Agreeing to Disagree

Despite the cynicism in the media, the recent agreement between the Sudans is significant and should be celebrated.

Sudan President Omar Al-Bashir (L) and South Sudan President Salva Kiir (R) shaking hands after signing the oil and border security agreement in Addis Ababa.

The recent deal signed between Sudan and South Sudan has solicited a mixed reaction from the international media. The BBC were happy to hail the Addis Ababa talks which produced the deal a success, Sudan Tribune reported a failure and CNN sat on the fence. The mixed reaction was the result of confused expectations surrounding the talks, some happy to see them as a solution to the short-term economic disaster looming over each country, whilst others wanted the settlement they felt should have got in 2006, but instead got the poorly named Comprehensive Peace Agreement.

As the week wore on and the story passed from the news to the comment and analysis sections, opinion firmly sided with the cynics. One notable cynic, writing for the Guardian, denounced the agreement as déjà vu, dismissing it as the product of “mutual economic self-interest being satisfied”.

Such viewpoints are correct to highlight the flaws in the agreement. For example it will do nothing to resolve the humanitarian emergency on the border or to settle the issues surrounding the disputed territories. Yet despite these reasons we should not dismiss the agreement as a cause for celebration.

We should celebrate for two reasons. Firstly, the agreement has the ability to resolve the short-term security issues discussed in my last post. South Sudan is heading for a very dark place, with many claiming that the government will have to stop paying army salaries soon. The fragmented, unwieldy and abusive national army (SPLA), a mix of former Khartoum and Juba backed militias, are held together by a patronage network reliant on state finance. With the added oil revenue and investor confidence this agreement could bring, there is reason to be hopeful that the SPLA will remain intact for the time being.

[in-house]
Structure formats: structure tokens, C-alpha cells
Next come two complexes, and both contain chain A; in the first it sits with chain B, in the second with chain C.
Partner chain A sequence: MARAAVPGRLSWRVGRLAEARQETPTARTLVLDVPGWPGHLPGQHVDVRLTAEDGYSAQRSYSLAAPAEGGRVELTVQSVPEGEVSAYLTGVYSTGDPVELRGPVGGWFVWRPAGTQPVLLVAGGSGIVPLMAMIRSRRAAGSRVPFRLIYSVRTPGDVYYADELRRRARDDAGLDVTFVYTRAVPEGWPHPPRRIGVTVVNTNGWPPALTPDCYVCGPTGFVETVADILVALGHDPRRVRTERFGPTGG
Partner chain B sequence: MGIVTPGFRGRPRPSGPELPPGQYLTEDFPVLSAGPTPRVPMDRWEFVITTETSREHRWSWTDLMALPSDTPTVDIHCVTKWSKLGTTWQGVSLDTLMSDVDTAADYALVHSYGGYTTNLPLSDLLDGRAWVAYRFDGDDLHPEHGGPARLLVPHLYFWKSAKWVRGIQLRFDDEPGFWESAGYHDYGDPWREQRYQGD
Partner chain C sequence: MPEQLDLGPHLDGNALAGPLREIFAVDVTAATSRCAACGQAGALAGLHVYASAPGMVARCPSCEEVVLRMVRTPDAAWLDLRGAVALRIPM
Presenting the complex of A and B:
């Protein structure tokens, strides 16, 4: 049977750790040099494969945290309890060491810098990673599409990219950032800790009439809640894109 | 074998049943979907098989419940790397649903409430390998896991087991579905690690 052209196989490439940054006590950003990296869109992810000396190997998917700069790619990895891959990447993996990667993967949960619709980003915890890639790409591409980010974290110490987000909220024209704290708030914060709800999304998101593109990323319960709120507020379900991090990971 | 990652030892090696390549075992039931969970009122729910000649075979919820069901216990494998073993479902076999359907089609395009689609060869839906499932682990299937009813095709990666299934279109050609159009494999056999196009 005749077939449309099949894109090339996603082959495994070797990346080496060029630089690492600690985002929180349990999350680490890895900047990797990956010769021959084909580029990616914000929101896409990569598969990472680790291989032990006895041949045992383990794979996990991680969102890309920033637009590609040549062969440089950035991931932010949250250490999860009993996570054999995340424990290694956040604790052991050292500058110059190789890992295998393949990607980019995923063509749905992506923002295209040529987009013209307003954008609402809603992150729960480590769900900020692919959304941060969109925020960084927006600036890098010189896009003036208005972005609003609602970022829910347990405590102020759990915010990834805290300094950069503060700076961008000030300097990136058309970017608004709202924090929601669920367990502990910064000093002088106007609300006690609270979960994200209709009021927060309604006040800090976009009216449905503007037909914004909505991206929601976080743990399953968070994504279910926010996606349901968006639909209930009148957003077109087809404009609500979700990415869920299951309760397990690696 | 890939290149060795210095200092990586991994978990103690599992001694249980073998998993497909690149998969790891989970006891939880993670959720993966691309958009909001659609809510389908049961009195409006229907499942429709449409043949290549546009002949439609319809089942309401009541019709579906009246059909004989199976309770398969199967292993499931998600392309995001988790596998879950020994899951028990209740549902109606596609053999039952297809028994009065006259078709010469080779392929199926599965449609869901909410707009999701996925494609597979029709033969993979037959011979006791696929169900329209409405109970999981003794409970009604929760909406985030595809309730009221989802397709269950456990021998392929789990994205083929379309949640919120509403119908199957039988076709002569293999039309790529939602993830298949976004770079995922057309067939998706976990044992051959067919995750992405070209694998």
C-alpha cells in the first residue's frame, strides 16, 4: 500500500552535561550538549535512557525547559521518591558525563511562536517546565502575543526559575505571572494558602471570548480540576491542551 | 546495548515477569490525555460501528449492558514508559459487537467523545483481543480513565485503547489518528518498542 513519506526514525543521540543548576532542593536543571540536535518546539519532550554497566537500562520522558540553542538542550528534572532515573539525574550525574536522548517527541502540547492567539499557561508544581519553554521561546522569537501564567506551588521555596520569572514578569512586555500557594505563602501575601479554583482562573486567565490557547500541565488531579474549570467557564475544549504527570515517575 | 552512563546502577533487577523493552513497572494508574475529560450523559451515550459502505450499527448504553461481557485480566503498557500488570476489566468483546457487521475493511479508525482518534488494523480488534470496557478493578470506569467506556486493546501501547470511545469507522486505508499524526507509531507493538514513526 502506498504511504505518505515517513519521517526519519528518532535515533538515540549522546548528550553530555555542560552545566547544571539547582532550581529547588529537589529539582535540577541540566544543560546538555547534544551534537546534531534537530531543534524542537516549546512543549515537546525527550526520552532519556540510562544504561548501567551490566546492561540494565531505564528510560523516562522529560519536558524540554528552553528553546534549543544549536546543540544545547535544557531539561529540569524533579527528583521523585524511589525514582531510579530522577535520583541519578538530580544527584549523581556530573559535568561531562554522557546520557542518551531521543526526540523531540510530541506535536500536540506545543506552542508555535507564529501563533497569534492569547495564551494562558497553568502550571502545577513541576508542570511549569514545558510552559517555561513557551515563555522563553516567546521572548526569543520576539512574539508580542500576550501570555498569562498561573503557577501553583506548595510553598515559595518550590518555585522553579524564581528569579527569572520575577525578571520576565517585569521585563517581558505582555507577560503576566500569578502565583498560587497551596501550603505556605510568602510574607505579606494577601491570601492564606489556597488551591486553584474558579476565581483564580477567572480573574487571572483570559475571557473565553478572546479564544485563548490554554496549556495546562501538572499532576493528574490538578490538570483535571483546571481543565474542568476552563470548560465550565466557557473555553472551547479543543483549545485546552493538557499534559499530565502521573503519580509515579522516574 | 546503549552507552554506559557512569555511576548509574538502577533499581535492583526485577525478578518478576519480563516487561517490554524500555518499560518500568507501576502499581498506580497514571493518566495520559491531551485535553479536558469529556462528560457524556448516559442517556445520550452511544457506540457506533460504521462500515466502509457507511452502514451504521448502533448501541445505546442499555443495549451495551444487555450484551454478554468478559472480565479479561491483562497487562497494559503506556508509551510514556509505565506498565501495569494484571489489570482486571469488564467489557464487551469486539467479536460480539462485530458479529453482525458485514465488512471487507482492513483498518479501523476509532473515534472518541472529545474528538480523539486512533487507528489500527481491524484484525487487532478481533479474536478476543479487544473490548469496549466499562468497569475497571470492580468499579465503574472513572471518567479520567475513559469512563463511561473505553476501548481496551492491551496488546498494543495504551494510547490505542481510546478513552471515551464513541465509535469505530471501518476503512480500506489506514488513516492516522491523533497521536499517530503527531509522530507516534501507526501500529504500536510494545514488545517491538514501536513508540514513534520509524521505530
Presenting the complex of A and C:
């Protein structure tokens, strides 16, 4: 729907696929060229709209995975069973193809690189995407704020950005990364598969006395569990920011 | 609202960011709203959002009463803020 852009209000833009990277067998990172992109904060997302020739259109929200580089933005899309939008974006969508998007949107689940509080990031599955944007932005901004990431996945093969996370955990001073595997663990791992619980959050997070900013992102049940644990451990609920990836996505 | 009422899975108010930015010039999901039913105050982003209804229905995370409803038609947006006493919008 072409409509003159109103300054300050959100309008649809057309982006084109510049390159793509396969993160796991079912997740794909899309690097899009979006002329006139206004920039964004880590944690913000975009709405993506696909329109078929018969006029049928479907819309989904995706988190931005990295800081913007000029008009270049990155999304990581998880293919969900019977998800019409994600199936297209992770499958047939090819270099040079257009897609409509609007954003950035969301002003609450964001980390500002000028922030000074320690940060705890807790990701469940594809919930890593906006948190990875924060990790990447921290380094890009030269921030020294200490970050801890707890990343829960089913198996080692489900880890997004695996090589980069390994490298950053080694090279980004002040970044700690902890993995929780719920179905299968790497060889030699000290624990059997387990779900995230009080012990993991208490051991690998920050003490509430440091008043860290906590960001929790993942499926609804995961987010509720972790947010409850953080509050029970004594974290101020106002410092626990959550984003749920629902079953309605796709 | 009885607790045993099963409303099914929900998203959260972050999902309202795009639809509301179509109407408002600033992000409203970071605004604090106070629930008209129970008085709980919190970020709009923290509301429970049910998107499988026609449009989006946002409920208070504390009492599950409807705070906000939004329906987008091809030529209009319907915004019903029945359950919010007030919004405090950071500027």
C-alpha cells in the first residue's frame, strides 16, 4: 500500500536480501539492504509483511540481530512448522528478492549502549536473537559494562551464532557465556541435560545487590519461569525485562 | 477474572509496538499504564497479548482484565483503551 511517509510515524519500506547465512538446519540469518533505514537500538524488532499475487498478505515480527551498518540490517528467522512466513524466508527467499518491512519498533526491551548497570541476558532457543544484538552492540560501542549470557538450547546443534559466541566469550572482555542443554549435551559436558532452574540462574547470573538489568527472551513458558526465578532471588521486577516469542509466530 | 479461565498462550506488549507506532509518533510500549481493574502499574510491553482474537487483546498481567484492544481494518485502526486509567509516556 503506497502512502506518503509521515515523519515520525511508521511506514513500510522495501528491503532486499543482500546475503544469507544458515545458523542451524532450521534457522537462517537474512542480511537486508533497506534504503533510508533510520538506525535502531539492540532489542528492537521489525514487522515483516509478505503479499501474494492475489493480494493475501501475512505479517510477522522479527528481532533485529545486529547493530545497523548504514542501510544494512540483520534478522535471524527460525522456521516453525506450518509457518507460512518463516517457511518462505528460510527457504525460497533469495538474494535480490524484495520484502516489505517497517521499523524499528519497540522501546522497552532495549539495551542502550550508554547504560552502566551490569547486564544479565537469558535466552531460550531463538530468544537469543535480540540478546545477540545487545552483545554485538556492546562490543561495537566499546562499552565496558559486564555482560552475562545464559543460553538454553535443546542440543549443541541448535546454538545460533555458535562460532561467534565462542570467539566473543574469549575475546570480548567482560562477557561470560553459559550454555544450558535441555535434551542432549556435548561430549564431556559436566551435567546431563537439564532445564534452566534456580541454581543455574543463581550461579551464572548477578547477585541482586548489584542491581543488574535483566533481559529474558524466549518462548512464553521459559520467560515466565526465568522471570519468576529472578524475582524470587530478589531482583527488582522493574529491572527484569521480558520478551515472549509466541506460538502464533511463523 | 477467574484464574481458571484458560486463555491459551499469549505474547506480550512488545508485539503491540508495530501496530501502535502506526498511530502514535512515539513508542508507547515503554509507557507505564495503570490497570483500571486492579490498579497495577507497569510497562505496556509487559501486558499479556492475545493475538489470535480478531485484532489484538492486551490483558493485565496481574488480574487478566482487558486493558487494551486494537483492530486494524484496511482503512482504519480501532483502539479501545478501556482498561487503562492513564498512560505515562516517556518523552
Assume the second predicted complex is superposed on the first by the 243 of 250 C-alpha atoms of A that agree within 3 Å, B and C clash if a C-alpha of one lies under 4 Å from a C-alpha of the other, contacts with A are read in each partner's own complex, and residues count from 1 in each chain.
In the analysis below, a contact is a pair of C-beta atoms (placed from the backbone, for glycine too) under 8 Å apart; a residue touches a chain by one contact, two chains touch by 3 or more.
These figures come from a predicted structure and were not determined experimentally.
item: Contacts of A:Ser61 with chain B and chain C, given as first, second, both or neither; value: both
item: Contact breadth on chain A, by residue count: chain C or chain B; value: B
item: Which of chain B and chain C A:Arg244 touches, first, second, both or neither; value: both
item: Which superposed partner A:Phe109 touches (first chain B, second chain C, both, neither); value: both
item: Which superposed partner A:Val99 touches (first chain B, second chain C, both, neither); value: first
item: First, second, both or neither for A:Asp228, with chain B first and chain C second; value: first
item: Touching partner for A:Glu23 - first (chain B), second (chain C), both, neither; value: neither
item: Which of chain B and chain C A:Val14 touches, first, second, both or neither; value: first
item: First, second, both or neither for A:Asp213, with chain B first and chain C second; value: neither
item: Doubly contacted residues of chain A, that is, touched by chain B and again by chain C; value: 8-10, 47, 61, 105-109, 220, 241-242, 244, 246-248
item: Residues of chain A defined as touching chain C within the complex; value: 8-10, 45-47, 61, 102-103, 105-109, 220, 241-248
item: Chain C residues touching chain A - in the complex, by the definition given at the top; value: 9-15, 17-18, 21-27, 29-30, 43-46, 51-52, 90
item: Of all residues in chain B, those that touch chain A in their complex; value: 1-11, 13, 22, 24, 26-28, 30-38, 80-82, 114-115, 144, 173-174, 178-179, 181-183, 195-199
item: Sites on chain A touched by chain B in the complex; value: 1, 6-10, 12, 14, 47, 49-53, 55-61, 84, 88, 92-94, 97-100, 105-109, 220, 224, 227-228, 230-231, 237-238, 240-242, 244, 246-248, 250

The second reason is about our expectations. Quite rightly many critics will not celebrate enthusiastically until a full comprehensive agreement is signed between the two countries, but for the time being this is not possible. Neither President is in a position where he can make the compromises necessary for such an agreement. Economic collapse, ethnic violence and coup-rumours are rife in both countries. Any President who would like to keep his head firmly on his shoulders would be wise to avoid appearing weak in such a context. In light of the context surrounding the deal, it really is the best outcome we could have realistically hoped for. We should be happy with it, and not depressed by the critiques of blue-sky thinkers.

I have written before about the fashionable cynicism is the aid world, and it has been better (and more comically) documented by other blogs. In this incident it has blinded us to recognising a good thing. The uber-cynics who truly believe the agreement will come to nothing are failing to appreciate the devastating impact of the last 6 months without oil, and nothing drives cooperation like a regimes survival instinct.

Tom Dawes

Follow me on Twitter: @teddydawes


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